wife five or six years before bankruptcy, and that he has borrowed money, giving the stock as collateral security. He swears that the transfers were made bona fide, and no proof is brought forward to contradict him. Such conveyances, made long before bankruptcy, and in the absence of concealment, are no gronnd for withholding a discharge. In re Murdock, 8 N. B.R.146; 1 Low. 862. There seems to have been nothing irregular in the sale of the other stocks mentioned, or in the disposition of the proceeds. The ownership of any horses is denied, but the 'bankrupt admits having an old carriage or two in the stable. This latter omission is hardly of such a serious character as to affect the discharge. Had these bankrupts intended to have defrauded their creditors it is more than probable that their estat& would have yielded a smaller percentage of their indebtedness, and when in addition to this we find that the only evidence brought forward by the opposing creditors is the examination of the bankrupts before the register, anJ that no witness is produced to show any facts tending to contradict them. The court should be clearly satisfied, upon the proof submitted, of the violation of the provisions of the bankrupt act set out in the specifications before withholding a discharge. In rt Burgess, 3 N. B. R. 196. Weare not so satisfied, and therefore a discharge is granted ill each case.
PLATT, Assignee, etc., v. MATTHEWS and others.
(DistricC Gourt, S. D. New York.
January 30, 1882.)
BANKRUPTCy-TITLE OF ASSIGNEE-SUIT TO RECOVER INTEREST OF BANKRUJ"J' ON PROPERTY TRANSFERRED IN FRAUD.
The bankrupt act vests the assignee with the title to all property conveyed by the bankrupt in fraud of creditors; and he may proceed to recover the interest of the bankrupt in such property, whether any l.:reditQl W&i i.n II. pQsition to attack the transfer or not.
In Bankruptcy. Austin G. Fox, for plaintiff. Abbott Brothers, for defendants. WALLAOE, D. J. Separate demurrers are interposed by the de. fendants Matthews and wife, and the defendant Murchison, to the bill of complaint. The complainant is the assignee in bankruptcy of Ma.tthews, and the bill is framed with the object of reaching the illteresi
PLATT V. MATTHEWS.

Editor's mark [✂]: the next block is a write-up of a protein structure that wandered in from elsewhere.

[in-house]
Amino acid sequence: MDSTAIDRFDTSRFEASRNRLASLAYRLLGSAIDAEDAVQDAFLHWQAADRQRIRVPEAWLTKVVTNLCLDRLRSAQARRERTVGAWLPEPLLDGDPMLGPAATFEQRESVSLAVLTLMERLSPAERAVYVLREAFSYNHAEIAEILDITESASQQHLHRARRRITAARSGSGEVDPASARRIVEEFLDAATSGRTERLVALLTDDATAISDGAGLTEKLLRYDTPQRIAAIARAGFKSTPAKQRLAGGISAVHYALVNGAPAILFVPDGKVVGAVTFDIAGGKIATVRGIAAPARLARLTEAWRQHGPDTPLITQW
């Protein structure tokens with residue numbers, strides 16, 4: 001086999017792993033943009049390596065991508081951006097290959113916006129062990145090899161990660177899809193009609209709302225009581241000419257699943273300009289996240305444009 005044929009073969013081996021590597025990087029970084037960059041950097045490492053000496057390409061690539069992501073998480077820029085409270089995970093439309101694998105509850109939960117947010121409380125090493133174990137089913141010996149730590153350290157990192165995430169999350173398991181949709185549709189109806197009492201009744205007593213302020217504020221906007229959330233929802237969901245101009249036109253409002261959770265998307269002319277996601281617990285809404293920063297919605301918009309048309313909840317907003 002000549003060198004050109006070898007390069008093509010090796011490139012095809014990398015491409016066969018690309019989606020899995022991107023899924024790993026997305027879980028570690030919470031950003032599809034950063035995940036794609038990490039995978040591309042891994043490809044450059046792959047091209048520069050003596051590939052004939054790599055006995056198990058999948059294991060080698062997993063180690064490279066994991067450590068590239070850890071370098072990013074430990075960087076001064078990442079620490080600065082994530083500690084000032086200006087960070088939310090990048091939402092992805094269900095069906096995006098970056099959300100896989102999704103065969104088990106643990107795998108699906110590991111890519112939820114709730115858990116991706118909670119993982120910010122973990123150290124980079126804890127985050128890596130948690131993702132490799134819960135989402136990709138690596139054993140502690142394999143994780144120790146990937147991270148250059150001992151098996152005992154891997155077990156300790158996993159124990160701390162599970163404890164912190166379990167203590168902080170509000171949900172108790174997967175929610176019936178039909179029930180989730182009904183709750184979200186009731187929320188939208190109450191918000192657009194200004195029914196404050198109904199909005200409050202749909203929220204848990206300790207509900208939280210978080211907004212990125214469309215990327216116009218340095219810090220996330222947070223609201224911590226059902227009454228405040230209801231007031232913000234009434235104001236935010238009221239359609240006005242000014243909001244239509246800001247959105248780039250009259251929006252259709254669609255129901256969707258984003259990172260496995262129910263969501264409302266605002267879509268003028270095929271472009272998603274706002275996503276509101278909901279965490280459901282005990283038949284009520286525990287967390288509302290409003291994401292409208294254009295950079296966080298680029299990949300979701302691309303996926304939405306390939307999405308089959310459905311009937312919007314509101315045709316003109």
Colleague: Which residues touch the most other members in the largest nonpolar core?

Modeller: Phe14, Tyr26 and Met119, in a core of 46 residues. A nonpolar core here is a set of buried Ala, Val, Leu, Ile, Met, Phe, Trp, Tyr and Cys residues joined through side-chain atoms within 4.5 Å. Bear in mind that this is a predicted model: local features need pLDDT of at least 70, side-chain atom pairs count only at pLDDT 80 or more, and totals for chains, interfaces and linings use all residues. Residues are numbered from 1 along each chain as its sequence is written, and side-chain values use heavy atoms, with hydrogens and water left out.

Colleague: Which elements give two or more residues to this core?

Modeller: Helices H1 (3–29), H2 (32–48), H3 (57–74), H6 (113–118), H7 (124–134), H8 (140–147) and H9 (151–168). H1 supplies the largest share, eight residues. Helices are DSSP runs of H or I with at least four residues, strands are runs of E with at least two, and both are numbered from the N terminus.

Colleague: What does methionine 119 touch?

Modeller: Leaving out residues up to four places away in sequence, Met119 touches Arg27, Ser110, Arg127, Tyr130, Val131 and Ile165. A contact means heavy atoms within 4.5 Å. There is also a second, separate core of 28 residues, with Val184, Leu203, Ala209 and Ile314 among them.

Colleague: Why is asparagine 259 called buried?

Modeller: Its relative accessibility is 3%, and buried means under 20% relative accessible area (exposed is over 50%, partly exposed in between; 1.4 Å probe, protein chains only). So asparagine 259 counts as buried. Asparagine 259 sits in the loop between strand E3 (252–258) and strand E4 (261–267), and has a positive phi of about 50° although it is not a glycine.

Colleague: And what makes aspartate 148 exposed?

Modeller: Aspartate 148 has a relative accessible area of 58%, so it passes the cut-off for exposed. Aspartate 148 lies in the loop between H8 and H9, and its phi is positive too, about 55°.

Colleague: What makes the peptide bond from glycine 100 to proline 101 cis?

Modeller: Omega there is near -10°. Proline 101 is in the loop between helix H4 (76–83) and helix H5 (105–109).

of the hankrnpt in certain mortgage bonds of the Carolina Central Hailroad Company, which were transferred by the bankrupt to his wife, as is alleged, in fraud of creditors, and which were thereafter pledged to several of the parties defendant, including Murchison, as collateral to loans to Mrs. Matthews. As the bill does not allege that the transfers from Matthews to his wife were in contravention of the bankrupt act, but proceeds upon the theory that they were fraudulent as to creditors, and omits to aver that any creditors of Matthews ever obtained a judgment, or were b a position to assert So lien upon the property transferred or a right to have the property applied to satisfy any lien they might perfect, the point is taken that the assignee cannot maintain the action. If the assignee has no other right to follow the property than was possessed by Matthews' creditors at the time of the bankruptcy proceeding, this position is undoubtedly correct, because it is clear that creditors at large cannot assail a fraudulent transfer of property by their debtor; they must put themselves in a position to perfect a lien therein by a judgment and execution, so as to subject the property to the satisfaction of the lien when the obstacle of the fraudulent transfer is removed. But the difficulty with this position is that the bankrupt act vests the assignee with the title of all property conveyed by the bankrupt in fraud of creditors, and the assignee acquires his rights by the act itself, and not through what has been done by the creditors. Bya statute of this state, also, an assignee or other trustee of the property of an individual may, for the benefit of creditors, disaffirm and .treat as void all transfers in fraud of the rights of any creditor, (Laws 1858, c. 314,) and it has been decided that under this statute an assignee in bankruptcy may maintain an action at law to recover the proceeds of property so transferred. Southa1'd v. Benson, 72 N. Y. 434. In that case the precise question involved here was discussed, and it was determined that under the bankrupt act property so transferred is vested in the assignee by the express terms of the act, and that he represents the creditors' rights without the technical obstructions to the enforcement of these rights by a cred- , itor at large. The same conclusion was reached in the circuit court of this district by Judge Woodruff, in Re Leland, 10 Blatchf. 503. Re Collims, 12 Blatch£. 548, contains expressions indicating a different view. But in both these cases the transfer attacked was not alleged to be fraudulent, but was a chattel mortgage, which was void by statute as against creditors, because not filed as the law required. As was held in Stewart v. Platt, 101 U. S. 731, such a failure to file a chattel